I’ve had nearly identical conversations with several different moms this week, so I figured it might be a good topic to write about. I’m not sure if everyone can relate to this, but I’m guessing that many moms can: Kid-centricity.
Maybe it’s because I’m flooded with working mom guilt. Maybe it’s social media that puts a mirror in my face on a daily basis in regard to parenting. Maybe it’s my compulsion to expose my daughter to all of the cool experiences available out there. At any rate, I feel compelled to try to “get it all done”. And it’s tough to ignore all of the parties, events, and goings-on that are going on in Connecticut. There’s so much to do! There are so many invites now that school has started!
My recent focus on how I’ve been living a kid-centric lifestyle has been prompted by conversations with friends and acquaintances about how our parents raised us. Just today, my girlfriend and I were cracking up when we reminisced about how we spent quality time with our families: going to the laundromat, going grocery shopping, cleaning the house, doing yard work. Now I’m practically apologizing to my daughter for not giving her my undivided attention so that I can get some cleaning done. I find that I’m straightening up and putting dishes away at 5:30 in the morning or doing laundry at 10:30 at night so that I can alleviate some of the guilt I feel for not doing something fun with my daughter when we spend time together.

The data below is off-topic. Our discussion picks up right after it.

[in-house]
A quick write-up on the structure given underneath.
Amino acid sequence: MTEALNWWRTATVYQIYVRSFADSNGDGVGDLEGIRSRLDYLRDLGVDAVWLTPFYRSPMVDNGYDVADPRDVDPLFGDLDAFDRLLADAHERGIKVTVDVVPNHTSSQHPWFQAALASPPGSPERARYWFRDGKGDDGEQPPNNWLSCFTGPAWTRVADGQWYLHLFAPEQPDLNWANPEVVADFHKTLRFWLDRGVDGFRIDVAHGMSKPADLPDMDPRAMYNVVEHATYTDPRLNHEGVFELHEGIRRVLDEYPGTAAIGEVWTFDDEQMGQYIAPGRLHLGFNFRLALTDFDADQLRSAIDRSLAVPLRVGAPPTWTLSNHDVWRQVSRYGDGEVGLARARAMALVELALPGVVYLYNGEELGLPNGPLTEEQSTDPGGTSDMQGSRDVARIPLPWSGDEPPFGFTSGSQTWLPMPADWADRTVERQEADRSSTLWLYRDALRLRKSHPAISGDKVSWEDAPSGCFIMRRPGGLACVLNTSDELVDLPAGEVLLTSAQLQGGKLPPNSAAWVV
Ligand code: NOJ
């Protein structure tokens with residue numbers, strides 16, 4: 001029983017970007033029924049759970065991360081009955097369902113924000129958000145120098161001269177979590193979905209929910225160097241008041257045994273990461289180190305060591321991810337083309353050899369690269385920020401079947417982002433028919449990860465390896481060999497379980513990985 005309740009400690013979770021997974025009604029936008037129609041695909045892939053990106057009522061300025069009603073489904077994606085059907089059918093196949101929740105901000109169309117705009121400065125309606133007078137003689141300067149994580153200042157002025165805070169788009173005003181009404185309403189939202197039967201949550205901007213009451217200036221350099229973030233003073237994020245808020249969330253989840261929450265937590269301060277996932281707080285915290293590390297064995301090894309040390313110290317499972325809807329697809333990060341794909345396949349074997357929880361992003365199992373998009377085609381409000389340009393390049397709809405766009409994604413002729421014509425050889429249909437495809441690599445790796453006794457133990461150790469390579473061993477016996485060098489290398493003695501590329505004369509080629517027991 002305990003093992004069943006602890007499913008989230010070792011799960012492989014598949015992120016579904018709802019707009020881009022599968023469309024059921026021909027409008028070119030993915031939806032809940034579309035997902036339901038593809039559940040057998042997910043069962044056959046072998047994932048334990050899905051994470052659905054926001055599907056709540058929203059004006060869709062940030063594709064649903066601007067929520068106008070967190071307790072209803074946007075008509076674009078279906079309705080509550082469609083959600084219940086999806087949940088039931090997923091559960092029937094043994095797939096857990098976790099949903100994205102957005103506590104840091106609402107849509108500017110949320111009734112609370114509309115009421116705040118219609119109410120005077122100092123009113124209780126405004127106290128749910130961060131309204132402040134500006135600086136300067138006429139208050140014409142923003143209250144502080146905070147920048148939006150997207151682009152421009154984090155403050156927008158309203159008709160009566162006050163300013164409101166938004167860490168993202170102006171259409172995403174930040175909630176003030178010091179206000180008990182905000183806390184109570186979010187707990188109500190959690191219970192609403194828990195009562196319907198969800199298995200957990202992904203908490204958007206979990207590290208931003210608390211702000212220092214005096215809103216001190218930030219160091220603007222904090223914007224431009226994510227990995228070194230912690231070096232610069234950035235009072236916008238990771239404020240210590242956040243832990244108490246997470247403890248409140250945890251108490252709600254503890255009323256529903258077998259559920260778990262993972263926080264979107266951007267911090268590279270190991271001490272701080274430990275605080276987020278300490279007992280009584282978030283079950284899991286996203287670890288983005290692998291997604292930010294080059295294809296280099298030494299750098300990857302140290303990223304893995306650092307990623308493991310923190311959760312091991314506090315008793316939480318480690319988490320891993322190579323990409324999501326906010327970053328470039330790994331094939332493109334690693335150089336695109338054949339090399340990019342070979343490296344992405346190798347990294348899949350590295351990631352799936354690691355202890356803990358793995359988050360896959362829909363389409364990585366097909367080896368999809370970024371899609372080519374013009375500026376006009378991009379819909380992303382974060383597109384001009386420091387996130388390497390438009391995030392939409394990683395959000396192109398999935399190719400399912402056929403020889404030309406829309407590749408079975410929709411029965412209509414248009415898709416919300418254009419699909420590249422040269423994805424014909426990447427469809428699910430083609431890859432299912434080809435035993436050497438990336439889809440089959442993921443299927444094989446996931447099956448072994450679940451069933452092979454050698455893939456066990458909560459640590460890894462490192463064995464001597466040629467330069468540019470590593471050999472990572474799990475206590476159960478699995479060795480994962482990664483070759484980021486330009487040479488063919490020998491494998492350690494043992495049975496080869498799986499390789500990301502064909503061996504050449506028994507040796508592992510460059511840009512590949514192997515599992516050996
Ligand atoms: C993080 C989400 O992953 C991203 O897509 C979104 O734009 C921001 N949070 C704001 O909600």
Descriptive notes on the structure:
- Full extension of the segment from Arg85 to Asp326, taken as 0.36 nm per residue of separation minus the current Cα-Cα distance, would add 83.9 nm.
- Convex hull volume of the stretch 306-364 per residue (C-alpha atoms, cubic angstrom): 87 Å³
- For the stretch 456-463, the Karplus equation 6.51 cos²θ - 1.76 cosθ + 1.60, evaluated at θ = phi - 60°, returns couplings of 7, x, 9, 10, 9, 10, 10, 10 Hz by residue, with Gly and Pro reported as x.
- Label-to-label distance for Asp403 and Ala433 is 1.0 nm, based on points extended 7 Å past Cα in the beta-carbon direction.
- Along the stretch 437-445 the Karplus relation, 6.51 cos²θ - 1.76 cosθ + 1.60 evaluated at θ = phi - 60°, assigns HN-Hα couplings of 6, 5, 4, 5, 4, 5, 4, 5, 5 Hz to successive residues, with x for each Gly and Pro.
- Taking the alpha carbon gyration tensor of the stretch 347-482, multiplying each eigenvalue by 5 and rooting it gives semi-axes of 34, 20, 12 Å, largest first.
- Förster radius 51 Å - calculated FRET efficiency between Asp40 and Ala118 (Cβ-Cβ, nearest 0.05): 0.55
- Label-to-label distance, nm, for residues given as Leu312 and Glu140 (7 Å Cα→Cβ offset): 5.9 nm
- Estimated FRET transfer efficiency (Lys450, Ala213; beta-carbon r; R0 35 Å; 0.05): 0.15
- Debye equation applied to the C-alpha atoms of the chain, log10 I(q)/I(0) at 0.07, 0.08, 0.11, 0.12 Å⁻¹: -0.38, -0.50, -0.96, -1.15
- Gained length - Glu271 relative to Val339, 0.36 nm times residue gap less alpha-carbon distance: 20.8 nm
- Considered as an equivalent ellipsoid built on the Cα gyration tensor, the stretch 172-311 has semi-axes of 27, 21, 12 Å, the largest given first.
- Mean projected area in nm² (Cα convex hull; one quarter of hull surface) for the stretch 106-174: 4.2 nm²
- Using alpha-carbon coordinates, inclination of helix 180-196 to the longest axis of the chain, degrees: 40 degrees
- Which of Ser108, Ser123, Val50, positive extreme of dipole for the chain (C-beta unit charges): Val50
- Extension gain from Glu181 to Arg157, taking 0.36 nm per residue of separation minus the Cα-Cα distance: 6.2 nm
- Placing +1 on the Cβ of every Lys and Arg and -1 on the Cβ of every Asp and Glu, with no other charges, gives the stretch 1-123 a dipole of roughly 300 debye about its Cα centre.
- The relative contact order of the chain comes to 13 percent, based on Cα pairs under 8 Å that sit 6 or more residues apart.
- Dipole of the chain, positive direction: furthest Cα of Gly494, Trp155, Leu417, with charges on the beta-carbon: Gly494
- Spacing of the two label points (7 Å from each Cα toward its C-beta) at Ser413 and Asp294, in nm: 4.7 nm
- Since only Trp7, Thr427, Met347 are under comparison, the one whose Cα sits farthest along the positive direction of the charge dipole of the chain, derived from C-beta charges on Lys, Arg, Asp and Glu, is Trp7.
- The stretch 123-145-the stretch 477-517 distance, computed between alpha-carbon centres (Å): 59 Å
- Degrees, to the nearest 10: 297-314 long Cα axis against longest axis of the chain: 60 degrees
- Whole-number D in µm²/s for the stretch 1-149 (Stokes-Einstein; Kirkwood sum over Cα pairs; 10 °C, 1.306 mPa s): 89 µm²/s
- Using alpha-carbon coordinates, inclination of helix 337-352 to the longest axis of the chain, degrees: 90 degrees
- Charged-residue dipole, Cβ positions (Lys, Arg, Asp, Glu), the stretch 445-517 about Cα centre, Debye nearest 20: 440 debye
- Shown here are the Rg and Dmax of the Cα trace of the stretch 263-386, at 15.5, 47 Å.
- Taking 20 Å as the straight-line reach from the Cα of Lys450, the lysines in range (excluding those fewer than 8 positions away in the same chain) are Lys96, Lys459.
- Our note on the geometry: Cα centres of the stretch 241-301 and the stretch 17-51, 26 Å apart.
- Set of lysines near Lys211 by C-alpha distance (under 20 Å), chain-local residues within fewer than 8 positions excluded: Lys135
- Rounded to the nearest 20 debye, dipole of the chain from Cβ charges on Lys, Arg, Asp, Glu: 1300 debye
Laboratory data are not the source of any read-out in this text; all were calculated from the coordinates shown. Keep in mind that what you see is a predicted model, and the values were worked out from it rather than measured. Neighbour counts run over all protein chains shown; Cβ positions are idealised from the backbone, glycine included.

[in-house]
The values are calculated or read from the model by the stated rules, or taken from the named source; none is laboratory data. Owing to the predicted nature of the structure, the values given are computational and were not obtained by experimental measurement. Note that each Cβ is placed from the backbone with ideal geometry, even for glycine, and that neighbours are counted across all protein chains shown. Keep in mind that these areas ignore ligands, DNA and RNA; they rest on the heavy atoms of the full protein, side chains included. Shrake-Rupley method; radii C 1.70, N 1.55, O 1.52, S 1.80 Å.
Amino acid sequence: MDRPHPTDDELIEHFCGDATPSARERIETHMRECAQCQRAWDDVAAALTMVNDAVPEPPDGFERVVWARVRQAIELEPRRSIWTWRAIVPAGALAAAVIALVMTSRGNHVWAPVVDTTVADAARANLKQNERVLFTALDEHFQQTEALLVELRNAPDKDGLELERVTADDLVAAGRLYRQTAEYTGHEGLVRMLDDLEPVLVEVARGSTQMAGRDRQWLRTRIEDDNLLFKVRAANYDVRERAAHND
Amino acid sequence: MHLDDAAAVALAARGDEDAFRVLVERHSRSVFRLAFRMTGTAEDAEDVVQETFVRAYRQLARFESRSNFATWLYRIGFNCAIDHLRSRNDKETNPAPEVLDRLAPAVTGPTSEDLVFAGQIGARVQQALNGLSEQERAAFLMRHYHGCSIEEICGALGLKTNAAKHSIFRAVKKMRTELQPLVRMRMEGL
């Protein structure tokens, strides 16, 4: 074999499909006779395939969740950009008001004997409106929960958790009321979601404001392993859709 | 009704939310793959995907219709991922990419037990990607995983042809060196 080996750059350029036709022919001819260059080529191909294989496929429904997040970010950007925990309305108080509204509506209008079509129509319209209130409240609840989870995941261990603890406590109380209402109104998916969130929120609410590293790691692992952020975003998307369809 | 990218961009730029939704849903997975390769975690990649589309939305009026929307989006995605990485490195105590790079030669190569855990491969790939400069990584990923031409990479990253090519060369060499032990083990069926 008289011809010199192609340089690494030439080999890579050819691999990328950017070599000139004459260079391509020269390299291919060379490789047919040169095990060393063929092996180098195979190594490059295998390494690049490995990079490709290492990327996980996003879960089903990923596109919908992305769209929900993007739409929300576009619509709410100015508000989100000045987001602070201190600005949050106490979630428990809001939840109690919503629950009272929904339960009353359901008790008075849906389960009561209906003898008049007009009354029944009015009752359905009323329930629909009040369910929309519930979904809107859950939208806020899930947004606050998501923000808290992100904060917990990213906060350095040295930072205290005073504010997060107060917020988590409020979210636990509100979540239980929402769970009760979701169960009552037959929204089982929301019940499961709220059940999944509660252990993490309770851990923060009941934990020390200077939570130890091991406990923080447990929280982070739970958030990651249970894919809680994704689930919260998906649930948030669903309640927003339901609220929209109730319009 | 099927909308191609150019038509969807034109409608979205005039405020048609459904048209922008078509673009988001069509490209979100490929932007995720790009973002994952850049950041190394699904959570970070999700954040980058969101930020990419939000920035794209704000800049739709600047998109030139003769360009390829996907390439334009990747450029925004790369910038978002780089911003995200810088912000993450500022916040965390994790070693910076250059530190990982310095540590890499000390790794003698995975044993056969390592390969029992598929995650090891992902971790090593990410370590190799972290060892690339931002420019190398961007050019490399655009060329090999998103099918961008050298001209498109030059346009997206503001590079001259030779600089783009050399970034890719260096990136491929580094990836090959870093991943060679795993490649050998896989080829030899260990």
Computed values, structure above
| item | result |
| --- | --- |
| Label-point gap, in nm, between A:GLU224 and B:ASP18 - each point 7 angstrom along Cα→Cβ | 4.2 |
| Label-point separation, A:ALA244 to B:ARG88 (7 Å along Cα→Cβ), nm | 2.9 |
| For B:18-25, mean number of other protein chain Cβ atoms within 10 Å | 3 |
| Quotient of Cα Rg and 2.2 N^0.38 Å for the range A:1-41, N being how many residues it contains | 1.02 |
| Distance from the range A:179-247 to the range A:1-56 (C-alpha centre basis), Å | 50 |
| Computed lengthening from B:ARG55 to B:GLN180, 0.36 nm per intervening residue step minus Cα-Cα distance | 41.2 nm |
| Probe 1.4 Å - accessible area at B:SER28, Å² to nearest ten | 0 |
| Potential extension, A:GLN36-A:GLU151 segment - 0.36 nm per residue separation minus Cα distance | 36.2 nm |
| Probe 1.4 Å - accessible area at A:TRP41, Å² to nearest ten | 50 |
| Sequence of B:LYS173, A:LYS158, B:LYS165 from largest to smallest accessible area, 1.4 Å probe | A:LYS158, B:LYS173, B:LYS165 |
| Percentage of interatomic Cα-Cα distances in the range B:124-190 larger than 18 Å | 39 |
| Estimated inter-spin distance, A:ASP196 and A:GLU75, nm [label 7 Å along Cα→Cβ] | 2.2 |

My girlfriend and laughed about the old, banged up, sometimes unsafe cars our parents drove … And the fact that this same girlfriend, while recently shopping for a new car, asked her daughter which backseat was the most comfortable for her.
Another woman and I were talking about how our moms practically kicked us out of the house for the day: “Go get some fresh air!” … and out the door we went. I’m pretty sure my mom had no idea where I was for hours on end. But she was able to vacuum and scrub the house with ammonia undisturbed for a while.
When my four year old daughter (strongly) requested that I switch the music from my radio station to Kids Place Live today, I informed her that there were no kids’ radio stations when I was a kid and I was forced to listen to my parents’ music. Gasp. I think I blew her mind. We listened to 80’s on 8 the rest of the way home. Put that in your pipe and smoke it, kid. Sometimes I have to remember that she will not be damaged if we do something Mom likes to do once in a while.
Maybe it’s because my mother was home with me during the day that she felt free to talk on the phone with her friends for hours on end while I whined about being bored, or had no guilt for not taking me to kid museums, kid events, back-to-back birthday parties, or apple/pumpkin/blueberry/raspberry picking every flipping weekend.
Or maybe she had mom-guilt over other things.